Lymphocytes in pleural disease

Curr Opin Pulm Med. 2005 Jul;11(4):334-9. doi: 10.1097/01.mcp.0000166490.92659.17.


Purpose of review: Lymphocytic pleural effusions are characterised by divergent cellular responses depending on the etiology of disease. The pathogenic role of lymphocytes in pleural disease, however, remains unclear. This review provides a basic description of the functions of the different lymphocyte subsets within the pleural space and then summarises recent studies of lymphocyte biology in pleural disease.

Recent findings: The mechanisms of lymphocyte trafficking into the pleural space have been clarified. Specific adhesion molecules (such as intercellular adhesion molecule-1 and vascular cell adhesion molecule-1) and chemokines (CXCL13, interleukin-8, and monocyte chemotactic protein-1) have been identified as important factors involved in the accumulation of lymphocytes during inflammatory pleuritis. Both cellular and soluble factors may contribute to impaired T-cell immunity in malignant pleural effusions. Studies of natural killer cell and gammadelta T-cell biology indicate that these lymphocyte subsets may also play a role in the pathogenesis of pleural disease. The dominant Th1 response characterised by tuberculous pleuritis may allow for rapid diagnosis of disease. Furthermore, strategies for improving cytotoxic T-cell and natural killer cell function show promise for treatment of malignant pleural disease.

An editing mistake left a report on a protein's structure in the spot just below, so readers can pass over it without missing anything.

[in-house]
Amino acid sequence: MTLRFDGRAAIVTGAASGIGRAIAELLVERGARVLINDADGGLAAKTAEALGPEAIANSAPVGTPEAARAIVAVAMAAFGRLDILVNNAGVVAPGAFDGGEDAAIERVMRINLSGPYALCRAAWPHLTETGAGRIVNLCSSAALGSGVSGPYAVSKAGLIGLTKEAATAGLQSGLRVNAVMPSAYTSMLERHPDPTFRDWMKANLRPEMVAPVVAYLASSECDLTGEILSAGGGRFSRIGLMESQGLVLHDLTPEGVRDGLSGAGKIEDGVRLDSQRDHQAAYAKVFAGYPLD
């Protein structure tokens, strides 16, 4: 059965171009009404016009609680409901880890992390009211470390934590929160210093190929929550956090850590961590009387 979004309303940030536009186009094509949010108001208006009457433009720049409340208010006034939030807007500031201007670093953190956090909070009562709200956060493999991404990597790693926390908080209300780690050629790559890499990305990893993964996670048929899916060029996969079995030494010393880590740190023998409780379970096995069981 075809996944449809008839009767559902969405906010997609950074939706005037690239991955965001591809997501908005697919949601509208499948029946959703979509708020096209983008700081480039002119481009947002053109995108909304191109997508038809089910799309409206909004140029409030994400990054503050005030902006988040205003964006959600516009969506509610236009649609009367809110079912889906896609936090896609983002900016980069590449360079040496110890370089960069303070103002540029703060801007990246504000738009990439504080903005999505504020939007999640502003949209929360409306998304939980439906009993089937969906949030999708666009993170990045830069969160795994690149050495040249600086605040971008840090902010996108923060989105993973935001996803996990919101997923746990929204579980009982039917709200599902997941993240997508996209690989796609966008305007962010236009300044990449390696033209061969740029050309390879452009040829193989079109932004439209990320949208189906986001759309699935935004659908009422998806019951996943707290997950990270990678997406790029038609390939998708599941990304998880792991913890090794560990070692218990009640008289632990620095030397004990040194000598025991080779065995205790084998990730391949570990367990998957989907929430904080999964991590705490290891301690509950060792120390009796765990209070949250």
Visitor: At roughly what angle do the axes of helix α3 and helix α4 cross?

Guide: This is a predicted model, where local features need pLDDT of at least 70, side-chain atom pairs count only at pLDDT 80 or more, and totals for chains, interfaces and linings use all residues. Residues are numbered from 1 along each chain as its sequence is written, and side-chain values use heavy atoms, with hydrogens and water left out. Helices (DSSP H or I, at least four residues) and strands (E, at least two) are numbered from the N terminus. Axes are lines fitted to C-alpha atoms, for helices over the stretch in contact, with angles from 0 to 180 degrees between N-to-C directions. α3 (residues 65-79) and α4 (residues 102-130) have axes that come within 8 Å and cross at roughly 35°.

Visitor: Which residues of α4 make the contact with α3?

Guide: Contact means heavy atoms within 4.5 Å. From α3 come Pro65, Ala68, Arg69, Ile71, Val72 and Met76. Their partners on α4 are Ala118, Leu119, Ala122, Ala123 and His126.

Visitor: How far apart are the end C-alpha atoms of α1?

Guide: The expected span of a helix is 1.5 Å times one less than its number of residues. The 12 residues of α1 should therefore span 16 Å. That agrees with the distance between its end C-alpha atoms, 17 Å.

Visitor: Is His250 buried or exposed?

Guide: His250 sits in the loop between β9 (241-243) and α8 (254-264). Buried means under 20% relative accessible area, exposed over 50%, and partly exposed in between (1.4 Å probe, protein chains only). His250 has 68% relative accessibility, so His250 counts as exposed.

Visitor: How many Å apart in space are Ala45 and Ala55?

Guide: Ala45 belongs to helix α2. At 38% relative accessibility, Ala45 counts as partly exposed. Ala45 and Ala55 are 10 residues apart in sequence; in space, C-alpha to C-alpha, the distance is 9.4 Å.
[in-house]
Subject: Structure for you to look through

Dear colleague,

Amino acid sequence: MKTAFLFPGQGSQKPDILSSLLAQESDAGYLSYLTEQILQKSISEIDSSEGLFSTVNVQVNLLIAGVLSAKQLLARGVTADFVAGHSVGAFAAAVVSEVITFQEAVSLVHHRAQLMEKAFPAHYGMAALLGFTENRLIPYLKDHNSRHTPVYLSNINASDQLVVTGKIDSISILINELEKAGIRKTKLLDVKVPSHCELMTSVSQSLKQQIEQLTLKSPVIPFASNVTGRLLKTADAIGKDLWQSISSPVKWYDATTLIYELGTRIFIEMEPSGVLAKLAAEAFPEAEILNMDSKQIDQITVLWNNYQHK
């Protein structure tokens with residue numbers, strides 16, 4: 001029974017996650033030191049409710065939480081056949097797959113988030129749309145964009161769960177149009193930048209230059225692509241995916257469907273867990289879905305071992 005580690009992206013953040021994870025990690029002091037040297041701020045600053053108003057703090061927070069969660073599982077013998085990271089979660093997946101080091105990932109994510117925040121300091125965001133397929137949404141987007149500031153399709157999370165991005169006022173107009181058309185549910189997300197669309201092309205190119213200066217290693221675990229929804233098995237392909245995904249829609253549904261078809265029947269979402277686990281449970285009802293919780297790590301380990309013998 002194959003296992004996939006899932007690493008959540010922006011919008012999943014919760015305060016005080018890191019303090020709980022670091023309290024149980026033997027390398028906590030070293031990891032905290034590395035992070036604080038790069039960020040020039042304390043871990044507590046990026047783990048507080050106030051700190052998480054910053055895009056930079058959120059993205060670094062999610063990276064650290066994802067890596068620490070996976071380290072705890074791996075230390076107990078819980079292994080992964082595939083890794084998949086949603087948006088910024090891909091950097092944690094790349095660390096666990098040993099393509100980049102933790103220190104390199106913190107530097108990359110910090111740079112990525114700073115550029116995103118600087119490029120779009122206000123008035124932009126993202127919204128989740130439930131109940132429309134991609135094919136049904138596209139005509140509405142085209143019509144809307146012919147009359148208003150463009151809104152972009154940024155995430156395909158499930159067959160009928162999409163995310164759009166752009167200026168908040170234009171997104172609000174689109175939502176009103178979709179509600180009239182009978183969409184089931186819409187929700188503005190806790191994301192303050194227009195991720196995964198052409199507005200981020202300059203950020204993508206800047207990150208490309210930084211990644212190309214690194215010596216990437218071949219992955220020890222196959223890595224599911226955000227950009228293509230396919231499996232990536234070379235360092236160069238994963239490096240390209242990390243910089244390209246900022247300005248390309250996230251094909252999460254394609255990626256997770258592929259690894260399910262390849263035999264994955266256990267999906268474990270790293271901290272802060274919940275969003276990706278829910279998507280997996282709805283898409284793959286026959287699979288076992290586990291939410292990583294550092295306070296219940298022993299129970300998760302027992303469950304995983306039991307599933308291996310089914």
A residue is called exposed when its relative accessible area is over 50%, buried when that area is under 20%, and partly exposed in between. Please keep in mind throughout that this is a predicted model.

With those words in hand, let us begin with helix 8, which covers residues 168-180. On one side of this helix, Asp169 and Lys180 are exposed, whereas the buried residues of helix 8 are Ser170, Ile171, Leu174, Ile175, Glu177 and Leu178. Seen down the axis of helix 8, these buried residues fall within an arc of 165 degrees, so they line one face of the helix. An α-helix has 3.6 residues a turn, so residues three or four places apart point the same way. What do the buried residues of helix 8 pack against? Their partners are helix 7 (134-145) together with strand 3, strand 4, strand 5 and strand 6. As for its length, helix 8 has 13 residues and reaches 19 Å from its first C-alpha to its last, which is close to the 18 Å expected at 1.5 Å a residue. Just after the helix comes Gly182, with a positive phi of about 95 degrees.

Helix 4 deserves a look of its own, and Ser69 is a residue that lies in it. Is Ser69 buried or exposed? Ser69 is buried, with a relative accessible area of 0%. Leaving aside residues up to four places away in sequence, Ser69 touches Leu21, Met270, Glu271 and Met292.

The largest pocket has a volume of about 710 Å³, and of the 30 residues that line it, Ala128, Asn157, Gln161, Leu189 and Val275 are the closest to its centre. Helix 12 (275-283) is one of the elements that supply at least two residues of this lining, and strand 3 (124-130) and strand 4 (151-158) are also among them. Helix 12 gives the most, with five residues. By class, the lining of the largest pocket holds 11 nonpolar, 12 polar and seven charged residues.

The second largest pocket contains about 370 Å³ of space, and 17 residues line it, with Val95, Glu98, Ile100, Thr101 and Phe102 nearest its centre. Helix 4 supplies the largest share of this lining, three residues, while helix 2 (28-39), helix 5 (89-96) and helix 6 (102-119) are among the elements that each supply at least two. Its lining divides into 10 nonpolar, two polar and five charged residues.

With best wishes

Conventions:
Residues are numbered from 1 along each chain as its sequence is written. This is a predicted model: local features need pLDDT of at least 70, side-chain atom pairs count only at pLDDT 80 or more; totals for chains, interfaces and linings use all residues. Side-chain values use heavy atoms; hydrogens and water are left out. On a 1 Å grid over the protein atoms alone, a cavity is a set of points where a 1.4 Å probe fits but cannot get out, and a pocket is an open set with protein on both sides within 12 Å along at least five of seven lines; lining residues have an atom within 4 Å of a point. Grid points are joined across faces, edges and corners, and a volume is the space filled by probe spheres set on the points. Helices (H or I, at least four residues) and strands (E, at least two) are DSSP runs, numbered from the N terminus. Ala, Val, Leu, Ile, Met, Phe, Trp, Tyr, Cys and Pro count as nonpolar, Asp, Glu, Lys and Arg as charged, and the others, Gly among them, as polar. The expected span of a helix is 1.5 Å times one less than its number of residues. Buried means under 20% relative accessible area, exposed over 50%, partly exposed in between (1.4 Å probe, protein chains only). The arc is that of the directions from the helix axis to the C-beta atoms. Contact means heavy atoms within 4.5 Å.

Summary: Recent work has provided insight into the pathogenesis of disease in lymphocytic pleural effusions. Further study of specific cellular responses may offer significant opportunities in the diagnosis and management of these disorders.

Publication types

  • Review

MeSH terms

  • Cell Movement / physiology
  • Cytokines / physiology
  • Humans
  • Lymphocytes / physiology*
  • Pleural Cavity / immunology
  • Pleural Diseases / etiology*


  • Cytokines